P. Hymavathi's dance repertoire included performances from seven dance styles.

It was a mix of half-a-dozen numbers from Indian classical dance styles plus a folk number ‘Lavani' of Maharashtra that dancer P. Hymavathi presented at Ravindra Bharati. She took a single item from each of these styles and called it ‘Sapta Natya Tarang'. The chosen styles were Odissi, Kathak, Bharatanatyam, Andhra Natyam, Kuchipudi, Mohiniattam and a folk number, Lavani. The chosen numbers, however, were fundamental in nature, not demanding much of classical excellence. Hymavathi was originally a folk dancer, took to the art of Kuchipudi and did certificate and diploma courses. She later underwent training from different gurus of the rest of the styles she presented on the occasion.

The opening number Hymavathi presented was Mangalacharan from Odissi style, keeping a small idol of the deity of Jagannadha on the stage. She learnt this art from Sonali Acharya. This devotional number was a simple rendition for which she danced with occasional ‘tribhanga' posturing for which the style is well known. To give time to reset her make-up for the next dance style, rendition of Annamacharya kirtanas by children belonging to Gjnana Saraswati Music and Dance Academy to a tabla support was arranged. These bits definitely disturbed the continuance of the mood of dance.

The Kathak piece Bandhare Beechdagar Mori in Bairagi was more in need of aAbhinaya. Her lehanga, the ankle length skirt, completely covered the ankles and feet tied with the gGhungru and these small bells on the ankle only surfaced while dancing the final steps. The footwork ended in a crescendo. B. Gopal Pundit and Lakshmi Srinivas are her Kathak gurus.

Hymavathi should have taken a varnam from the Bharatanatyam repertoire to give a real taste of the style but went for a light number Natanam Adinar in Vasanta, which she learnt from Vijayalakshmi. This needed some posturing of Lord Siva as Natararaja but she was seen struggling to balance herself.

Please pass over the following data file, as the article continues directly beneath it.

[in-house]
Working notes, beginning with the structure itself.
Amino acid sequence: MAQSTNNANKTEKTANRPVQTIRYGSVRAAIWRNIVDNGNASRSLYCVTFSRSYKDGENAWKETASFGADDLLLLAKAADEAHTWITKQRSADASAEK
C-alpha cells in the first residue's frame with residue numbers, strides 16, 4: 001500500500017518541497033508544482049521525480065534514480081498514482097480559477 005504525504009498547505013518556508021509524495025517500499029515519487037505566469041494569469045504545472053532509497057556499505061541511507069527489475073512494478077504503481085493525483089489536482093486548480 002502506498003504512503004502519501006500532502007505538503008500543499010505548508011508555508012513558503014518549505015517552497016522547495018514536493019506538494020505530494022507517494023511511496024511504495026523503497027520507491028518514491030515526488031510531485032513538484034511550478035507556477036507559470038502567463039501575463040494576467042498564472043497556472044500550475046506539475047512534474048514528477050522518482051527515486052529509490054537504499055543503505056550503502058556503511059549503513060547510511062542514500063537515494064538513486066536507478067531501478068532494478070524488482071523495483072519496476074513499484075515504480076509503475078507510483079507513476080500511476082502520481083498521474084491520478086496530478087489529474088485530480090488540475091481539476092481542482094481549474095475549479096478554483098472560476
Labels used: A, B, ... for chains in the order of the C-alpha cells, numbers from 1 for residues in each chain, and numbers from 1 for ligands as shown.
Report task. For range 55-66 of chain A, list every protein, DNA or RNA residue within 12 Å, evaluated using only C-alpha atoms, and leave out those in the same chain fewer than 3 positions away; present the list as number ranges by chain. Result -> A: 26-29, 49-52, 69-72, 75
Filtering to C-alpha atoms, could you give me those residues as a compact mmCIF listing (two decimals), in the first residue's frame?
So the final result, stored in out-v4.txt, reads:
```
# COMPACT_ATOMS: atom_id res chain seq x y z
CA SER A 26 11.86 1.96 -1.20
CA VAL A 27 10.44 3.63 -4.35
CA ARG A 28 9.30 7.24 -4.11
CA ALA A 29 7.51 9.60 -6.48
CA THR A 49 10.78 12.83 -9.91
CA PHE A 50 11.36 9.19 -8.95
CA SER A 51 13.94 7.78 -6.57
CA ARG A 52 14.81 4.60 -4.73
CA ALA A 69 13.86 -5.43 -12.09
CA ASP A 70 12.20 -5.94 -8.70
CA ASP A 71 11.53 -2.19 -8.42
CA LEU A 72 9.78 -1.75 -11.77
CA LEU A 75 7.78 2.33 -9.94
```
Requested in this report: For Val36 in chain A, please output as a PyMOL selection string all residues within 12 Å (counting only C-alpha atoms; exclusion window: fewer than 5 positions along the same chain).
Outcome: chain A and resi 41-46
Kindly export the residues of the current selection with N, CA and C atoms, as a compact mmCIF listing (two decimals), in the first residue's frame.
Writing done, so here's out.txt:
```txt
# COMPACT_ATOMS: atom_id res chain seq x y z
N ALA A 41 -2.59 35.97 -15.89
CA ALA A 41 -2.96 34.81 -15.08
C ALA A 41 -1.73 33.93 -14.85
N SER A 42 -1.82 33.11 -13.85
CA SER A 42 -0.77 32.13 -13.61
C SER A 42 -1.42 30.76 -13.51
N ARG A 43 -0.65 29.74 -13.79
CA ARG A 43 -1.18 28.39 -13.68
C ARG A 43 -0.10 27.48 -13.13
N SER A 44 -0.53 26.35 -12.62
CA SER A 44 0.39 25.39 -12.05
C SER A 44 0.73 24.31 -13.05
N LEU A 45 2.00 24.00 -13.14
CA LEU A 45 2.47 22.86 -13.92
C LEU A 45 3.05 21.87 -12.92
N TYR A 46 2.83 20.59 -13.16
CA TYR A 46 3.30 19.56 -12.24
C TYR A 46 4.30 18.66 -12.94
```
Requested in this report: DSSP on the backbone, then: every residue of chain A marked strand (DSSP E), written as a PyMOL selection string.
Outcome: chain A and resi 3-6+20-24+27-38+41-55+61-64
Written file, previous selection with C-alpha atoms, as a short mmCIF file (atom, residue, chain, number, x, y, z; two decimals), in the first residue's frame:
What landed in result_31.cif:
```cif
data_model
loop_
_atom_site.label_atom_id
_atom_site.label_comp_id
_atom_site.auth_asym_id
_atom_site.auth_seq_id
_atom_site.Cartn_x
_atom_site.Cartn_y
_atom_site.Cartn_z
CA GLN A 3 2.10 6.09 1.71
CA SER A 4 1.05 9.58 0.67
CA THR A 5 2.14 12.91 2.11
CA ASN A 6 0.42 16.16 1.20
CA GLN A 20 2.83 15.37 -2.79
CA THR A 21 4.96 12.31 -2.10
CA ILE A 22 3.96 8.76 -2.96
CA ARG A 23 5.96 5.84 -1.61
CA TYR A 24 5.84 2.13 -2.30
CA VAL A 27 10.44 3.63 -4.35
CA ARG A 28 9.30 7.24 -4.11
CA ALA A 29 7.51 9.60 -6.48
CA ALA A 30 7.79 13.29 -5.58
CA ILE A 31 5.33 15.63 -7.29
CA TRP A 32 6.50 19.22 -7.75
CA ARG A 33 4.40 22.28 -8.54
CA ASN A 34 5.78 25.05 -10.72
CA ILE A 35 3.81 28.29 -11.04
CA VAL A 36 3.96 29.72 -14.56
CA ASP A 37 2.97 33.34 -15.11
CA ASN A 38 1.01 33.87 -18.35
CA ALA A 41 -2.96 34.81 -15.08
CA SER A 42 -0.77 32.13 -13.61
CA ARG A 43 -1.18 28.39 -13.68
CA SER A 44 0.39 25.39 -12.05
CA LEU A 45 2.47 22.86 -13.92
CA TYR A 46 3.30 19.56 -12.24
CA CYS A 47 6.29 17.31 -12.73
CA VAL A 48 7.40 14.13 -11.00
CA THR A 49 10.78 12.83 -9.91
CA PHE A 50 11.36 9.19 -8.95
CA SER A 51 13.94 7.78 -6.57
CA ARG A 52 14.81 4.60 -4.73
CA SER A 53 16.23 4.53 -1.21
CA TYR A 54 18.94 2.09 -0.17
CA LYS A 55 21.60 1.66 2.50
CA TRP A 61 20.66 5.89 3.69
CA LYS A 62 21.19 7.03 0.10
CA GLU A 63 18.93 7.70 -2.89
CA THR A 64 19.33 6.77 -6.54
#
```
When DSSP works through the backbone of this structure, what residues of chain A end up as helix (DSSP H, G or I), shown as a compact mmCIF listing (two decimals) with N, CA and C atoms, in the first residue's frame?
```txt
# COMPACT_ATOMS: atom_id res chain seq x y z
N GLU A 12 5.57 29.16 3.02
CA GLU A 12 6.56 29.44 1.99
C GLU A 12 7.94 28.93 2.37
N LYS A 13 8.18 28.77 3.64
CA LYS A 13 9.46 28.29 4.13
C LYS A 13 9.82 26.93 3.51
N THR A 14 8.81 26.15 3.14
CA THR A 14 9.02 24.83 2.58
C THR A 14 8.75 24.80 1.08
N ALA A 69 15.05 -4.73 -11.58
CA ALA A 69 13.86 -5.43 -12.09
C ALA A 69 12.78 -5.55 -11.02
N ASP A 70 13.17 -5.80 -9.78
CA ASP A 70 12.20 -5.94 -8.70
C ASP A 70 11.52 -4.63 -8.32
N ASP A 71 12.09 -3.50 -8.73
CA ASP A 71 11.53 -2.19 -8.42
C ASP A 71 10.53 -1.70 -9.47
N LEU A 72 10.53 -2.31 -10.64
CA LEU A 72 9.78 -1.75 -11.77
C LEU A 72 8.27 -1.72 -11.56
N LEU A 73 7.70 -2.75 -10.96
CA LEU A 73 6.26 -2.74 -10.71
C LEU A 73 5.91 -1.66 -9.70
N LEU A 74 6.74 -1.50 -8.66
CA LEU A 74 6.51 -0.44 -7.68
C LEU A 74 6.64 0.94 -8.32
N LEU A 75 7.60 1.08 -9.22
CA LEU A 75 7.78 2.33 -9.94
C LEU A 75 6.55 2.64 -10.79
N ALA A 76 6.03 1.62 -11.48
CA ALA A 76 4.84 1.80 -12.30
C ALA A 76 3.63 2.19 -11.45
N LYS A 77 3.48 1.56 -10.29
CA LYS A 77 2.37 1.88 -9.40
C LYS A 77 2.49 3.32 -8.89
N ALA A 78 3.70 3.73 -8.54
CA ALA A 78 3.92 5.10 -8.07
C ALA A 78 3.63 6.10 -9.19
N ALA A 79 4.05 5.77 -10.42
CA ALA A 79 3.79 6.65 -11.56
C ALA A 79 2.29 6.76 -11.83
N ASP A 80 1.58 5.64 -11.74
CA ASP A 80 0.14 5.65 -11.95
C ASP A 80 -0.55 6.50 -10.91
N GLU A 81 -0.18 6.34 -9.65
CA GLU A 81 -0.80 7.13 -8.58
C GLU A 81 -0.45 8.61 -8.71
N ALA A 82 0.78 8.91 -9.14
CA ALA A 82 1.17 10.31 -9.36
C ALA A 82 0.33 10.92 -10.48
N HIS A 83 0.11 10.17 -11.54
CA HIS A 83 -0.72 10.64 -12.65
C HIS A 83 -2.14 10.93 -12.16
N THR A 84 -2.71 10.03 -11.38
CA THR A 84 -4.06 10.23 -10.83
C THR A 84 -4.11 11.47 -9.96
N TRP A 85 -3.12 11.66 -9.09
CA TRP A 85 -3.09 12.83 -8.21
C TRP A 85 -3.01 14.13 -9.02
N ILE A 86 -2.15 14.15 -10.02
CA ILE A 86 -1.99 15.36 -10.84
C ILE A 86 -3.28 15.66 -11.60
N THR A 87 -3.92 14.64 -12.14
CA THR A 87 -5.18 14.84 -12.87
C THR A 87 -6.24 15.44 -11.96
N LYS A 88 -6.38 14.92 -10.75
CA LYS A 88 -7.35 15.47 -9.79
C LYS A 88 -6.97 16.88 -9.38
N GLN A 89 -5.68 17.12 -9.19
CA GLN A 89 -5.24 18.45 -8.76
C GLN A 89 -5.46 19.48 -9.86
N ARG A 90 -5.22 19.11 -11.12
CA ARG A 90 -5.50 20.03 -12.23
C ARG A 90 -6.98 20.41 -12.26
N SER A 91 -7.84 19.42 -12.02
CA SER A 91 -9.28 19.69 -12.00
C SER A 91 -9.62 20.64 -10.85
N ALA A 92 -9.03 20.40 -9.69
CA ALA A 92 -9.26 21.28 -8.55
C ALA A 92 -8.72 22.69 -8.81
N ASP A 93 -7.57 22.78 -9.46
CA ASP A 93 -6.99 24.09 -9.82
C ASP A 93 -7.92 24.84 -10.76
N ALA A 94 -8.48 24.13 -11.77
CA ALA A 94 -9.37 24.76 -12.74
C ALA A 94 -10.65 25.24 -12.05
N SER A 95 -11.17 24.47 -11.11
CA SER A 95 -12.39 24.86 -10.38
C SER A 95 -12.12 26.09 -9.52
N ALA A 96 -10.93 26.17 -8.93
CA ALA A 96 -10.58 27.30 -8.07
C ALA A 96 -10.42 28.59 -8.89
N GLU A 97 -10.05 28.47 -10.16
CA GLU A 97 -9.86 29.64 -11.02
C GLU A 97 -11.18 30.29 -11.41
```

Then appeared an Andhranatyam piece, she learned from Sunila Prakash, in which she presented Siva Kaivaram', a temple dance number, with the pallavi running as Gangadhara vara Ganga set in Kaanada ragam. This was the most impressive part of all the dances she presented on this occasion.

Narayana Teertha's Tarangam set in ragamalika, she learnt from guru D.V. Satyanarayana, was the Kuchipudi number in which she accommodated the traditional ‘dance on brass plate' but avoided keeping water filled pitcher on the head that generally went with this.

The Mohiniattam brought in an unusual number in praise of Lord Siva, Sambho Siva Sambho in ragamalika. Vijayalaskhmi again was its choreographer. The final piece was a Lavani folk number of Maharashtra.

If the dancer desires to make lasting impact with these styles, it would have been better if she went in for an extra number in all these styles with more classical element and reserved the rendition of Annammayya kirtanas by the budding talent as a separate chunk in the programme.

The event was inaugurated by city's Mayor B. Karteeka Reddy and C. Parthasarathi, IAS, Commissioner, Information and Public Relations.